In the Candid Corner – Empowering school principals
… Negative behavioural trends are imposing severe pressure on regional educational systems and are forcing leaders to constantly rethink their management and governance practices. – Former Minister of Education Anthony Wood.The word “empowerment” is a modern-day strategy that has been used to mobilise and manage both resources and human potential. Within the context of education, principals as educational managers are strategically placed to build character, shape personality and foster the core values that undergird our national psyche. Improving schools and developing human potential are largely their chief mandate.
Successive governments of both political persuasions have treated education as the fulcrum on which national development turns and have invested no less than 20 per cent of the annual budget in education.
In spite of deficiencies in other areas of our society, Barbados has been able to weather turbulent times primarily because of massive investment in our people, some of whom we have exported across the globe.
This puts principals in a uniquely strategic position to impact on national development. How then do we empower school administrators to see themselves in this way? Although professional development and institutional training are important, principals must engineer their self-efficacy.
In the book If you don’t feed the teachers they would eat the Students Neila Connors describes the educational administrator as “master chef”. According to the writer, “great administrators are like great chefs, they spend an inordinate amount of time preparing, planning and visioning before they even begin to cook or implement”.
And “during this time, they keep their focus on the outcomes and the clients and they continuously readjust, refocus and re-evaluate their plans and efforts”.
In today’s world, schools are existing in a charged and changed environment in which there are a vortex of competing forces that are constantly impacting both positively and adversely on what we do.
In an article carried in the promotional edition of Eduquest Carribean, educational administrator Dr Myrna Belgrave opines that principals are at the centre of ensuring that each individual is respected and provided the climate in which inner potential is actualised.
As she puts it, “the task begins with the principal, who should not only be administrator, but through personal involvement and commitment to values-based education, be able to inspire everyone by his or her own example”.
Today’s principals must listen, must be accessible, tolerant and flexible; must have a sense of discernment and have a sense of accepting responsibility and being team-spirited.
Former Minister of Education Anthony Wood, while addressing the biennial conference of the Caribbean Association of Principals of Public Secondary Schools at the Accra Beach Hotel in 2007, cited a range of issues with which today’s principals must grapple. He said the effective delivery of curricula and the attainment of high standards were being threatened by unhealthy and unwholesome practices.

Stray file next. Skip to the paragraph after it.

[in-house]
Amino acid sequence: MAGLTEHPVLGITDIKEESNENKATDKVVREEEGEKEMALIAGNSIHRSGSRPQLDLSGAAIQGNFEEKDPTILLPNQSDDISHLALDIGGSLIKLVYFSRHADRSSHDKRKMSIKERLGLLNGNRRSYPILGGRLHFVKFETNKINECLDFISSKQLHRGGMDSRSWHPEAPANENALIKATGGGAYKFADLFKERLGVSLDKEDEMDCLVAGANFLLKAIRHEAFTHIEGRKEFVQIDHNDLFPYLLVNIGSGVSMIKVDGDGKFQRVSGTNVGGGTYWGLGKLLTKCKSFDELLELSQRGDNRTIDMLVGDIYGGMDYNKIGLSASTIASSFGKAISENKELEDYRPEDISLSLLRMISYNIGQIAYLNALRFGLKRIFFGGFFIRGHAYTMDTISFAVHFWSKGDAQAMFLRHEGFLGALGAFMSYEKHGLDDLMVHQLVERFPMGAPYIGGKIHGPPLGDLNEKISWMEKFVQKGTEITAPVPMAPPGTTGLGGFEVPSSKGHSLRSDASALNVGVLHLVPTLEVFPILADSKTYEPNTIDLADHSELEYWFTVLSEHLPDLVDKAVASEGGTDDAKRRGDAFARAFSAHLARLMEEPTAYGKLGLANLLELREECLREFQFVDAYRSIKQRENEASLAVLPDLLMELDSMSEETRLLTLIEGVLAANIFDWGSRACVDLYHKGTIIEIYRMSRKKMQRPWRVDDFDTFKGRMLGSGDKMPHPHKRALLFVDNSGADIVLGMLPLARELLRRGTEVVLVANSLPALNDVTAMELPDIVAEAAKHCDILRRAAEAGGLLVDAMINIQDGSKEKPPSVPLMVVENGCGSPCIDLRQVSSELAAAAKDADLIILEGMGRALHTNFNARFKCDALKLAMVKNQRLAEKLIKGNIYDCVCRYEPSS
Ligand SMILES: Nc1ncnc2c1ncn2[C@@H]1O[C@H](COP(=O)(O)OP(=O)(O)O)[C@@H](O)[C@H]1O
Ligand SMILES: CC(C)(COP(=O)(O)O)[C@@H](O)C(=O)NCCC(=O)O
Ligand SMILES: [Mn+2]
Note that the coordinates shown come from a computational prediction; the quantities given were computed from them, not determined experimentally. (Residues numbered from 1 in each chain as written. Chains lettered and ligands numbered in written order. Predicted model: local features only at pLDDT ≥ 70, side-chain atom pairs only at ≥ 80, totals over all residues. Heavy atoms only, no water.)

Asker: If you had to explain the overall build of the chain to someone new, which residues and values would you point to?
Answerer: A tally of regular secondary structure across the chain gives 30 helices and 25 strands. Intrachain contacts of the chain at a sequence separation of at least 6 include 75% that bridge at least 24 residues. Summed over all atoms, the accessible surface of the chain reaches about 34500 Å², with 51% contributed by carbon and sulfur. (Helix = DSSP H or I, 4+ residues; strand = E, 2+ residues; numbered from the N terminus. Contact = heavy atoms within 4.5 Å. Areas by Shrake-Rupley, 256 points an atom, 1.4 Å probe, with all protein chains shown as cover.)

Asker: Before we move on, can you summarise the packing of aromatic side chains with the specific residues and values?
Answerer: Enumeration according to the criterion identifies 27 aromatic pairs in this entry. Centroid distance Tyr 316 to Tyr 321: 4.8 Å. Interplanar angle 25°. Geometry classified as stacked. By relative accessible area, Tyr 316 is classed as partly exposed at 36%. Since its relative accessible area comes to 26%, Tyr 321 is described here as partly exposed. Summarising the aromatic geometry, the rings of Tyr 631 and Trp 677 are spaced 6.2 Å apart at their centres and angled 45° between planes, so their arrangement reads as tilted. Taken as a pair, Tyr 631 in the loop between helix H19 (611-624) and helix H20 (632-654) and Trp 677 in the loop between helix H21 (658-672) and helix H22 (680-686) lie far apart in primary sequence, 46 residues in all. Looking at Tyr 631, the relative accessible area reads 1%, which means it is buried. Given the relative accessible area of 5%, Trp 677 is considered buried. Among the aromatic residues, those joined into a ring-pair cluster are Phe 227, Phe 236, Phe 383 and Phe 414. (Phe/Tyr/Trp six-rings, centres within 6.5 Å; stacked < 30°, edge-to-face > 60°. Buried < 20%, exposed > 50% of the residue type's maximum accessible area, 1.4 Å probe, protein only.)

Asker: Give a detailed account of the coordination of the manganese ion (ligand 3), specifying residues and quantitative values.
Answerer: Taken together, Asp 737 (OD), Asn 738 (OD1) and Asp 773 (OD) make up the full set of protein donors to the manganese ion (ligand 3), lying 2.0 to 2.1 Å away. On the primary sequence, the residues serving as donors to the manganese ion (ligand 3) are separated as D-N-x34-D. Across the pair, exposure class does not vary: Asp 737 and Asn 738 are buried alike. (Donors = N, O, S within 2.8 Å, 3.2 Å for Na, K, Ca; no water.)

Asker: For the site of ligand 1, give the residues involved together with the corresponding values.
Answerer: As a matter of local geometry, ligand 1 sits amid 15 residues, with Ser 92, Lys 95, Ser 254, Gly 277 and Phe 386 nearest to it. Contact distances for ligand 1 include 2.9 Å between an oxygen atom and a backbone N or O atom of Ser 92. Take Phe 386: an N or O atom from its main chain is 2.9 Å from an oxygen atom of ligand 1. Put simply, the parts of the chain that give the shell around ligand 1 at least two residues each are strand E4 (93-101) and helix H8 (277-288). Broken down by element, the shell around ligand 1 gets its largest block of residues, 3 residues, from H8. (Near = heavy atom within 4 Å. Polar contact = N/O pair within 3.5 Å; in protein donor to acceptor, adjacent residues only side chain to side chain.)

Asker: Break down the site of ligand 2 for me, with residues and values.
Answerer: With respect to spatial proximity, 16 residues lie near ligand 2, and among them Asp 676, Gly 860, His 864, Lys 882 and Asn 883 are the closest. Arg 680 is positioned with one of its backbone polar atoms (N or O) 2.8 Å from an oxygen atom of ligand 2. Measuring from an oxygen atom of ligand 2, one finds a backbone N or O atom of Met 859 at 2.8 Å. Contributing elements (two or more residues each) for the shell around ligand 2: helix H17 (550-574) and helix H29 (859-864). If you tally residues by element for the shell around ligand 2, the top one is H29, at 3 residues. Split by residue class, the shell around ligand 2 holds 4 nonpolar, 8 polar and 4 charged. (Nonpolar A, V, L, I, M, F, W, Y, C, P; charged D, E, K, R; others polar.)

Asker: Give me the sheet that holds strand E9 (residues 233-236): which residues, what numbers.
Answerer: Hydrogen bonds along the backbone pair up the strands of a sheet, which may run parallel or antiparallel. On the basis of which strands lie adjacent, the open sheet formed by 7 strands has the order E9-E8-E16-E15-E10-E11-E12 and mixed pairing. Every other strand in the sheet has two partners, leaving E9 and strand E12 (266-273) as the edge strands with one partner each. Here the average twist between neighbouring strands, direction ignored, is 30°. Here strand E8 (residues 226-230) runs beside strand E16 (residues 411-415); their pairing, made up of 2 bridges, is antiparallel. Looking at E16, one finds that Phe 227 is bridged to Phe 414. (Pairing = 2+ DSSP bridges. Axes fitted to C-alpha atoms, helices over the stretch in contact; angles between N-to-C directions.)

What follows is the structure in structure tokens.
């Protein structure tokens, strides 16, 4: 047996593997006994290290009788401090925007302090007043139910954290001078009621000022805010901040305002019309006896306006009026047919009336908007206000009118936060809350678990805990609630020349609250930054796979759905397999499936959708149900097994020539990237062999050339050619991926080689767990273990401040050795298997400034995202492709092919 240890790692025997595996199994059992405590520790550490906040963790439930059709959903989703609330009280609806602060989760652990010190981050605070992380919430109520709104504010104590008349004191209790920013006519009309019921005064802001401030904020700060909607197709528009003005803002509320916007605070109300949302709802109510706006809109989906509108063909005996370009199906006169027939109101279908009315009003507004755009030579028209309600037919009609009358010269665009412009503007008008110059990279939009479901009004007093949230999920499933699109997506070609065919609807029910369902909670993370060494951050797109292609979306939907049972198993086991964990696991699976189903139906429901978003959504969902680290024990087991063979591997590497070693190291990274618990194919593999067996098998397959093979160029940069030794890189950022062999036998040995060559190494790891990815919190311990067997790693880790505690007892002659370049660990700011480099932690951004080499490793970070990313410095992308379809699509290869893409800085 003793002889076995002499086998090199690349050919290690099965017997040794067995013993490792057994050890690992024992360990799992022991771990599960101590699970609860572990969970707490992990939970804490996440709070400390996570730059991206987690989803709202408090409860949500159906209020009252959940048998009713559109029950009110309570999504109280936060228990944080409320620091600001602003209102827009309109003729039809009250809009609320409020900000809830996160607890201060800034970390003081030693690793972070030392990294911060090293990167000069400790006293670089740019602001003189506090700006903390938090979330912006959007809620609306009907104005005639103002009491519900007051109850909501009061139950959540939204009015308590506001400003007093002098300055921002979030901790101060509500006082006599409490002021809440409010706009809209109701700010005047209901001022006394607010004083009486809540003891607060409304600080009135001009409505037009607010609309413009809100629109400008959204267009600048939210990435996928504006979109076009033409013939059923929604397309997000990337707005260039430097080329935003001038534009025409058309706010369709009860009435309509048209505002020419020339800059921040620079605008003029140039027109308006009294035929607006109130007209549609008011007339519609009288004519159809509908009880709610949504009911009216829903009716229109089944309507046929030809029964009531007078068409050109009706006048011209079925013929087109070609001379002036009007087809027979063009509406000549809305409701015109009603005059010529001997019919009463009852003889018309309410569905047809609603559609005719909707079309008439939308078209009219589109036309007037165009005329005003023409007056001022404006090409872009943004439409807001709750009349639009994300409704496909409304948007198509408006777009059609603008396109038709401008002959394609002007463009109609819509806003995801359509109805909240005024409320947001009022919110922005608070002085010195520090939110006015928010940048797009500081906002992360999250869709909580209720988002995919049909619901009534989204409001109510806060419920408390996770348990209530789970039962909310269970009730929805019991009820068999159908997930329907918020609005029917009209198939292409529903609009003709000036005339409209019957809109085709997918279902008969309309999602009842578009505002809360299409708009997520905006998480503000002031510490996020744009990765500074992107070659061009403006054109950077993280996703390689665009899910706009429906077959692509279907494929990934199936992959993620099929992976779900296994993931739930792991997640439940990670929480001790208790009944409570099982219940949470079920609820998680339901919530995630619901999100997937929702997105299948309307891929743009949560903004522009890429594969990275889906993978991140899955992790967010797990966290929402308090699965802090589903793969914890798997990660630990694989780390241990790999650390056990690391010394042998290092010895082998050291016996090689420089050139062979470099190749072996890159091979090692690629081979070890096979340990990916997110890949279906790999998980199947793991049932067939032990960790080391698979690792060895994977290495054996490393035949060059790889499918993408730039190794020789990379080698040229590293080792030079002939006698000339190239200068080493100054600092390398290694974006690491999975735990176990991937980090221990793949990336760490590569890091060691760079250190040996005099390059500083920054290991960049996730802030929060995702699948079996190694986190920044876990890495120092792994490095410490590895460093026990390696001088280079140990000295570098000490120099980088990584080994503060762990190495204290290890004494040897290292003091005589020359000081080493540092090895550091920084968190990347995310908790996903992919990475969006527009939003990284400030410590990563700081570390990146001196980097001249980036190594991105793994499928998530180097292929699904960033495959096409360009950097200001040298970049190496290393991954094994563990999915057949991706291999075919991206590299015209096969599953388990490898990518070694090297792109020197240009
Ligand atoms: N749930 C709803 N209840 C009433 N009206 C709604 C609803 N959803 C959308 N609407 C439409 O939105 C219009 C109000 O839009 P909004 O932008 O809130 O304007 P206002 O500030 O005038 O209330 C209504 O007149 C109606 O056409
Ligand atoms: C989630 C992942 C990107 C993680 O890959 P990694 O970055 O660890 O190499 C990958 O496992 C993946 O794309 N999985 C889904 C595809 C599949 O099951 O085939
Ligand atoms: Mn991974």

The use of illegal drugs, indiscriminate use of cellphones, promiscuous sexual behaviour, gang behaviour, violence and a declining work ethic were highlighted as presenting major challenges for educational administrators across the region.
The empowerment and indeed the survival of today’s school administrators must come from within. There is a view, which I do not necessarily share, that too many of our principals are asleep on the job, waiting for system and centrally generated initiatives and policies to prick and awake their administrative consciousness.
If this is indeed the case, I wish to suggest that the empowerment of the 21st century principal must be self-initiated and cannot be imposed from outside.
Essential elements of the empowerment, as Connors puts it, must include positive attitudes, pleasing personalities, a passion for their profession, an infectious sense of purpose, patience and persistence, and an orientation to people.
Among the other attributes which the principal, like a great chef must pass, are preparedness, a sense of currency, an attitude of problem solving, a sense of justice and an overriding attitude that epitomises professionalism. In spite of all the challenges, pressures and changes, today’s principals cannot fail.
Put simply, their failure and the failure of their schools would constitute the failure of the future of our nation. In conclusion, the management of today’s schools is not an enterprise for the weak, the cowardly and the faint-hearted. On the contrary, it is an exciting opportunity from which bold and visionary leadership can still emerge.
Pressures from without must not strangle the internal will and motivation of today’s principals. Empowerment and professional affirmation must come from within.
• Matthew D. Farley is a secondary school principal, chairman of the National Forum On Education, and a social commentator.